PORTUGAL’S ex-president and prime minister Mario Soares, considered the country’s father of democracy, has died aged 92.
He had been taken into a Lisbon hospital on December 13 due to “a general worsening of his health,” said doctors, and had been in a coma before his death was confirmed on Saturday, January 7.
Soares founded Portugal’s Socialist party and was prime minister three times before spending a decade as president, eventually stepping down in 1996.
He played a fundamental role in the ‘Carnation Revolution’ in 1974, a military coup which returned his country to democracy following almost 50 years of rightwing dictatorship.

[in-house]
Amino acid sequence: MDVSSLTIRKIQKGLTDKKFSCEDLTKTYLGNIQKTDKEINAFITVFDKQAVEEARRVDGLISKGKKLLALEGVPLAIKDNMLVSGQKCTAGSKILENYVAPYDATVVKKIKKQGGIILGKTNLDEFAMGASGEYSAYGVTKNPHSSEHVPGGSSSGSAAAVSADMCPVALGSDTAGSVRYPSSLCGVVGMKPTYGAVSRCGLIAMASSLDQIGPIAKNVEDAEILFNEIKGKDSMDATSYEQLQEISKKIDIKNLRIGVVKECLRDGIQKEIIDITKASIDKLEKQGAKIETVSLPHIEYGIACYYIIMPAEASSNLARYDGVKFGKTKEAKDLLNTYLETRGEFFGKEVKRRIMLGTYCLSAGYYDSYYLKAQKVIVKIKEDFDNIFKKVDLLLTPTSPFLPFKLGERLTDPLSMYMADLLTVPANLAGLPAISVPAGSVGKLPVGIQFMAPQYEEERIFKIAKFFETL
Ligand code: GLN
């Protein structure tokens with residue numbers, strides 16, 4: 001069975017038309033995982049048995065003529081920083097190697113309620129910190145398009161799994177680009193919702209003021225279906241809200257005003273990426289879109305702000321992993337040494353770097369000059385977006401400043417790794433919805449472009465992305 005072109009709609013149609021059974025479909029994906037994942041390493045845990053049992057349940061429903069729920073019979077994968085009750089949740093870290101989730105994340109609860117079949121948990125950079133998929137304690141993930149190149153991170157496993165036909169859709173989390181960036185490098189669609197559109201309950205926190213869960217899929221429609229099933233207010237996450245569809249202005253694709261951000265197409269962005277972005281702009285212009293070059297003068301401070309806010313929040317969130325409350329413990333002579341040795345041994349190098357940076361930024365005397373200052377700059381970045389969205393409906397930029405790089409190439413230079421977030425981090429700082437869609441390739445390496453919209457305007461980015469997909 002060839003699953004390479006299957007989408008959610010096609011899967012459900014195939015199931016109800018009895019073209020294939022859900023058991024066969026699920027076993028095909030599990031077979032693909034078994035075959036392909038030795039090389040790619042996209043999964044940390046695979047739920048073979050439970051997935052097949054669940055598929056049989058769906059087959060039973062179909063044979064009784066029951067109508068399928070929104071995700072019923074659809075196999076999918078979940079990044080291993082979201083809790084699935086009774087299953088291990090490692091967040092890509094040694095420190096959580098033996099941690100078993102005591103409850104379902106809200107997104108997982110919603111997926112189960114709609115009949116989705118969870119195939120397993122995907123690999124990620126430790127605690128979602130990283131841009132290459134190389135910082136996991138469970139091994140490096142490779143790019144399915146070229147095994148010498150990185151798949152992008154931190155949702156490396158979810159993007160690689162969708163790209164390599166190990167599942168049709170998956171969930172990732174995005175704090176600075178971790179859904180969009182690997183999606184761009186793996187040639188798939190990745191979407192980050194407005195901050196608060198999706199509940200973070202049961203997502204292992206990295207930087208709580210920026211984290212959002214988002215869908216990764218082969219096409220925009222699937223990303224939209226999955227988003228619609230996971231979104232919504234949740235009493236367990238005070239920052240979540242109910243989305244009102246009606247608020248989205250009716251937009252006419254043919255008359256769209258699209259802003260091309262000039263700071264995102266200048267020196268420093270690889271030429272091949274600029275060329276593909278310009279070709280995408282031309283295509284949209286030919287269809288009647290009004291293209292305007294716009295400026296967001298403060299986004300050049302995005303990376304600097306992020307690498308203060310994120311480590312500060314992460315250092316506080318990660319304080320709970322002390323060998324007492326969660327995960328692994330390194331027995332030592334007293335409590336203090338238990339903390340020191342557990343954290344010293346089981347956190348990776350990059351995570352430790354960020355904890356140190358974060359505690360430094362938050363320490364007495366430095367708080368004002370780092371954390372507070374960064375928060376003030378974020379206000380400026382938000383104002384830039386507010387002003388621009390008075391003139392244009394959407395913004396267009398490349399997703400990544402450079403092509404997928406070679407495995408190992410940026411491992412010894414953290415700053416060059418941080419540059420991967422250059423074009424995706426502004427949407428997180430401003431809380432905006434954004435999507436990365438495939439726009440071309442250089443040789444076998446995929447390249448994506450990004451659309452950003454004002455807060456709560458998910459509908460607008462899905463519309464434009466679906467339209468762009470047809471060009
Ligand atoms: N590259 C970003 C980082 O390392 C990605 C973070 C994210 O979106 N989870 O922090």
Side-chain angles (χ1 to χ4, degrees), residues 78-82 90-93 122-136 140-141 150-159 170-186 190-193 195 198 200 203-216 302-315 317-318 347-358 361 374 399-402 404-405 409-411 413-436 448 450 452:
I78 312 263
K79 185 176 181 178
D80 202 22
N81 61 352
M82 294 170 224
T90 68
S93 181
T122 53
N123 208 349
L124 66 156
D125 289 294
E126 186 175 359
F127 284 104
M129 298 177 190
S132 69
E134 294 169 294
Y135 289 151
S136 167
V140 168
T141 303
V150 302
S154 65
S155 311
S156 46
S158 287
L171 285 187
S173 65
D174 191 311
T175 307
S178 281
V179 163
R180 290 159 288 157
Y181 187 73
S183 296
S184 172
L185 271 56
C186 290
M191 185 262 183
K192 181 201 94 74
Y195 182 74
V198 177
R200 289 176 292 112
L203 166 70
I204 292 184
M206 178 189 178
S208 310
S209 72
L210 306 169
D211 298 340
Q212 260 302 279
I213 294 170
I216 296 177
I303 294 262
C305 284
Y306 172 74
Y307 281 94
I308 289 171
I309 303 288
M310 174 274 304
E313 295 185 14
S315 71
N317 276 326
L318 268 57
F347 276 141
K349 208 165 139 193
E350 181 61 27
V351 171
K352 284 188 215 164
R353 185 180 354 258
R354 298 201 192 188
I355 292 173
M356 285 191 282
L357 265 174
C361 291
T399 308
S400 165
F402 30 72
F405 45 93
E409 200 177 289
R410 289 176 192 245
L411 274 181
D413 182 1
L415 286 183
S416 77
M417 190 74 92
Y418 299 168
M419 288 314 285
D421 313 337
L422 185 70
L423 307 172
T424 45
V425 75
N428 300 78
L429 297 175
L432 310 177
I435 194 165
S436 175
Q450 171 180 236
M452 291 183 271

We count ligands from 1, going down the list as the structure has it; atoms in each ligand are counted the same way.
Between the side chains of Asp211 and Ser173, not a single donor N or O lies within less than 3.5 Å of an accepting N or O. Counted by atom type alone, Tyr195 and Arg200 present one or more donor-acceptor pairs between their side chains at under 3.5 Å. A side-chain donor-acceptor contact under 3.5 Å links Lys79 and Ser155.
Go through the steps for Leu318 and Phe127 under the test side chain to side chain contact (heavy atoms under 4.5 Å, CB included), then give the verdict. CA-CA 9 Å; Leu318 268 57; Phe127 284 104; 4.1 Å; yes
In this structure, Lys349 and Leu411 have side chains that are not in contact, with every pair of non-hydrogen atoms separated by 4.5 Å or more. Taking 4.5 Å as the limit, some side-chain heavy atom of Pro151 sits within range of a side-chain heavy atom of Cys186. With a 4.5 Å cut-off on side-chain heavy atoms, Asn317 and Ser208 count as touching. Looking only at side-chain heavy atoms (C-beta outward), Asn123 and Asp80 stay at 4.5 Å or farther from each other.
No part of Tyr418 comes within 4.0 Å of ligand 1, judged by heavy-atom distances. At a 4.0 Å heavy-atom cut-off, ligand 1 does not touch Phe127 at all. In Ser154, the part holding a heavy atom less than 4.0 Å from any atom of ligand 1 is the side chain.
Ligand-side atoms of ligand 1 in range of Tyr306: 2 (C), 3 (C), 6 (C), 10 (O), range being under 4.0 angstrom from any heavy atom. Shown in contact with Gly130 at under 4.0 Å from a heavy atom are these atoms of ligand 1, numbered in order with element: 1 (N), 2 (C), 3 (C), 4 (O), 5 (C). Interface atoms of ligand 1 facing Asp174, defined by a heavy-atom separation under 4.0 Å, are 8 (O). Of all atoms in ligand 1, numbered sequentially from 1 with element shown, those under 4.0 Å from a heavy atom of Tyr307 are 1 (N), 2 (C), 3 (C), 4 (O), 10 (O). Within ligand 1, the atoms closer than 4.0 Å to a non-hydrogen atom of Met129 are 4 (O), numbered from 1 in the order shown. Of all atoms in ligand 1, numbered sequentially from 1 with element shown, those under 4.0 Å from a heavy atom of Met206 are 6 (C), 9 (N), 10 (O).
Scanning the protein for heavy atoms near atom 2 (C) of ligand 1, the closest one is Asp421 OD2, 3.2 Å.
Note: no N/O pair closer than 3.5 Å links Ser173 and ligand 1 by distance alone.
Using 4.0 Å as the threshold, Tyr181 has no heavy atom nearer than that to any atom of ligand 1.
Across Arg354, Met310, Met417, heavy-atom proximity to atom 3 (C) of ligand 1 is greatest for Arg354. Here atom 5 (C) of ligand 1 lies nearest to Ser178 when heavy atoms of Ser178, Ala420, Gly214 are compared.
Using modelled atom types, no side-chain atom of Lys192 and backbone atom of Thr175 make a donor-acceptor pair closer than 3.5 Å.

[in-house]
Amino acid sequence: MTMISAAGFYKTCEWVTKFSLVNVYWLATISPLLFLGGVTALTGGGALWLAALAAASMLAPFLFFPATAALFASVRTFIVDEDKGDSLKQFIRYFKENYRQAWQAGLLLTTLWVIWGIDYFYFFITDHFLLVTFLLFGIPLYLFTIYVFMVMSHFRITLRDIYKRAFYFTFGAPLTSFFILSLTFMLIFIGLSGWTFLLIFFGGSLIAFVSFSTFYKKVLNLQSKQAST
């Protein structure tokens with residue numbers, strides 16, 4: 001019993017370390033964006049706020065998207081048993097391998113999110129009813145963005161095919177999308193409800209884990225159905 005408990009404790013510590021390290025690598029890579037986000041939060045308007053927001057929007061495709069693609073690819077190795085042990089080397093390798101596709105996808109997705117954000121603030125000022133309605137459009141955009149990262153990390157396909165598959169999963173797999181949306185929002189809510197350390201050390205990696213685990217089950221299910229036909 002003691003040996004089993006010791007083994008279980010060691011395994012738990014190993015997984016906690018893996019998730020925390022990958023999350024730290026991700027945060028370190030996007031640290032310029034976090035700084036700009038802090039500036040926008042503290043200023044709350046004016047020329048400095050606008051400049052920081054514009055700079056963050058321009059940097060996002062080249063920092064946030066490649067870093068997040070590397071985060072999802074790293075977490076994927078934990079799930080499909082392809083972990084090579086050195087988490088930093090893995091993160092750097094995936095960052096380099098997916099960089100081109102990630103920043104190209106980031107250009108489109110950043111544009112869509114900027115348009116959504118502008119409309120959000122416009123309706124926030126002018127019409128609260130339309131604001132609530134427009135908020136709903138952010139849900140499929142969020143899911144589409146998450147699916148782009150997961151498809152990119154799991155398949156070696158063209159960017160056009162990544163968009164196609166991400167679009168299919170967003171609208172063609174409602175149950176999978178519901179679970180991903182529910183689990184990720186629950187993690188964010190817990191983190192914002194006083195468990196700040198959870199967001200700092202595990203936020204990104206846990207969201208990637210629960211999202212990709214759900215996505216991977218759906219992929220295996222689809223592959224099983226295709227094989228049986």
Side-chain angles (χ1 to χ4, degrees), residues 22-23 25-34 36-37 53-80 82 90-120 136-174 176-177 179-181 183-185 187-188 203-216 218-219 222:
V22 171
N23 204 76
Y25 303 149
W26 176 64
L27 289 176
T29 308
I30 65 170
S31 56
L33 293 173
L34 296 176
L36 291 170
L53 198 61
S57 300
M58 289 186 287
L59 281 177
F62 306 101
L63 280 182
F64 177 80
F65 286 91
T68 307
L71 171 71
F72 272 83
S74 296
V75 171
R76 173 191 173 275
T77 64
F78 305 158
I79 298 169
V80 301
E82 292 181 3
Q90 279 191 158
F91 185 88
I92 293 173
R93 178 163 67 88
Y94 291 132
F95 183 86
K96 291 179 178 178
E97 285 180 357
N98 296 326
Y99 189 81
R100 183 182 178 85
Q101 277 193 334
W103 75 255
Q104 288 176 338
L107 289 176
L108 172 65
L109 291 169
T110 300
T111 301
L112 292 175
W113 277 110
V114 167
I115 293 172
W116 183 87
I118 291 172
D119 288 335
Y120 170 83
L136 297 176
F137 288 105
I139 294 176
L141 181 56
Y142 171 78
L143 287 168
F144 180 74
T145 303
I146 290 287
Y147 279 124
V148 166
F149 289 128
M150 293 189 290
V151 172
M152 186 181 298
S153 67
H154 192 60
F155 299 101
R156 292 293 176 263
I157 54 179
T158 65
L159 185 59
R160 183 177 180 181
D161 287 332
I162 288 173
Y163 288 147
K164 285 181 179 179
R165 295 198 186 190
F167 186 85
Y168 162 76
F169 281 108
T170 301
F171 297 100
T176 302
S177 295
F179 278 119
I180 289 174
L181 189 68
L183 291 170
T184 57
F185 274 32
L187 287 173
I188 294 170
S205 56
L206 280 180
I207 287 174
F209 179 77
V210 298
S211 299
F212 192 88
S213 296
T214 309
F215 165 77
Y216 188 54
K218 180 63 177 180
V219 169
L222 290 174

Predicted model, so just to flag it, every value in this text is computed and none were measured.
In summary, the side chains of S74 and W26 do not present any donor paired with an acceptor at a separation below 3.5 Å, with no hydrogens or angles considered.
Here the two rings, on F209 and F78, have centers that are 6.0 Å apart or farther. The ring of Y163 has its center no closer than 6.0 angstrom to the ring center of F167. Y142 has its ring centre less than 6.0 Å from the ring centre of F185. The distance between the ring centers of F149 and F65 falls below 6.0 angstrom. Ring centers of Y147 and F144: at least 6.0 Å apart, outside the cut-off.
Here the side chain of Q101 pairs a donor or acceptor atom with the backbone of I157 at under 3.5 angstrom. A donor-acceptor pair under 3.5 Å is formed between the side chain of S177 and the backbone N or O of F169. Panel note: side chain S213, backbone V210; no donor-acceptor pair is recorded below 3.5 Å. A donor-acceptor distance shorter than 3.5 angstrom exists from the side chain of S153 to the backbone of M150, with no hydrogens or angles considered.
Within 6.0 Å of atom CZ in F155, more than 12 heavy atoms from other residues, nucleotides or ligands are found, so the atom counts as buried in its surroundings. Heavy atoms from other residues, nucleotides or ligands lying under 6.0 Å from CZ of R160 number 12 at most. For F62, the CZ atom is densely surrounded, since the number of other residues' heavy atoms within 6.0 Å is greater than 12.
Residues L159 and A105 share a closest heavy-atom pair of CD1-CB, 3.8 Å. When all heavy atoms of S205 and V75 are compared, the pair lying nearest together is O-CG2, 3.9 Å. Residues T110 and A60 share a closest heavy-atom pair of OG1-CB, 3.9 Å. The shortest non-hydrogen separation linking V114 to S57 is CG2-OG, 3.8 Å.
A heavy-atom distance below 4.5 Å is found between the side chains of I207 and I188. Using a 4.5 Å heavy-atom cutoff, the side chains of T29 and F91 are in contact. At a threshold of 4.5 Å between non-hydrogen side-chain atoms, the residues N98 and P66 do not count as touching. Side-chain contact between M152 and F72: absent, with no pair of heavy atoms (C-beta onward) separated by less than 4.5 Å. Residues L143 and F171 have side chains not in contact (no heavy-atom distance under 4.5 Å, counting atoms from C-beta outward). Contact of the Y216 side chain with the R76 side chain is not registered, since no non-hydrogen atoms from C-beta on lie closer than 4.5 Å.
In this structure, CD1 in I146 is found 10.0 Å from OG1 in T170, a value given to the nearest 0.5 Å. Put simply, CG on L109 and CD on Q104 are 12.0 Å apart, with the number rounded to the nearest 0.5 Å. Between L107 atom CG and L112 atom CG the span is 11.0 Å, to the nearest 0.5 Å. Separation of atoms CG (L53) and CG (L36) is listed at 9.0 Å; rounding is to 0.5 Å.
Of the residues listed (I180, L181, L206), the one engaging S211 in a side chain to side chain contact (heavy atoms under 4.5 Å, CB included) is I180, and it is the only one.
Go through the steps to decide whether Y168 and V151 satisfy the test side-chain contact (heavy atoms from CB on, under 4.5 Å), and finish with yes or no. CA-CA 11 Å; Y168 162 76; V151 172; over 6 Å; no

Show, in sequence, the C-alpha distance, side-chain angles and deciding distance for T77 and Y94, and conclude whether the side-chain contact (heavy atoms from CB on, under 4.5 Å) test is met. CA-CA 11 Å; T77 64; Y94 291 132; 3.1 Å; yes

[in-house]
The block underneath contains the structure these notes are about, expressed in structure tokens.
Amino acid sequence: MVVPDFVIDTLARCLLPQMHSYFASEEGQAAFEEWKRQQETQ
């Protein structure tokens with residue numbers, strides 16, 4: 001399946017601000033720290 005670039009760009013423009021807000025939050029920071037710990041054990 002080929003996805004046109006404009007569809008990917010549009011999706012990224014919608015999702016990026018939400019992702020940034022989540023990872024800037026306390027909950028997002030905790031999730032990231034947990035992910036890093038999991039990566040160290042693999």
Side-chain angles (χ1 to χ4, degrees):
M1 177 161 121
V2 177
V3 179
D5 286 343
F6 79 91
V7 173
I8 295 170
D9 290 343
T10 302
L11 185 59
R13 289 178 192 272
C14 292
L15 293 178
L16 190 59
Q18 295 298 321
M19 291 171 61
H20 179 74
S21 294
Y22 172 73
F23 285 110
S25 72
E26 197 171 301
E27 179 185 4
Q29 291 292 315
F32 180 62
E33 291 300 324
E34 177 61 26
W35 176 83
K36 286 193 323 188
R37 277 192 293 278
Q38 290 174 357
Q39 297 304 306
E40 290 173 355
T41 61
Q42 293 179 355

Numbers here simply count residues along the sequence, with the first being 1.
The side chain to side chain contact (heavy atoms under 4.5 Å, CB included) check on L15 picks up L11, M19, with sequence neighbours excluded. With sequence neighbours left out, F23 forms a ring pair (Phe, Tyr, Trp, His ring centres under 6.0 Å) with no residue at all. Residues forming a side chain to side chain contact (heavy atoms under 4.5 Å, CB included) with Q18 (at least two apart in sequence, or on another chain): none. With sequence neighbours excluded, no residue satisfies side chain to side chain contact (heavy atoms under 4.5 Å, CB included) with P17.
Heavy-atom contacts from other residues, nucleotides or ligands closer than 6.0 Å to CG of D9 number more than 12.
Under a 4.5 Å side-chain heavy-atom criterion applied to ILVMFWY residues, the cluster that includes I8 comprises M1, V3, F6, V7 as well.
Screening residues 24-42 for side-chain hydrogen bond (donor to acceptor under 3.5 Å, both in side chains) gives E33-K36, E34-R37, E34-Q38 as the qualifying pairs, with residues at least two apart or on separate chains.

In 1976 he became the first democratically-elected prime minister since World War II, serving until 1978 before returning in the early 1980s.
A Socialist party statement said: “Today Portugal lost its father of liberty and democracy, the person and face the Portuguese identify most with the regime that was born on 25 April, 1974.”
The Portugese government has declared three days of mourning.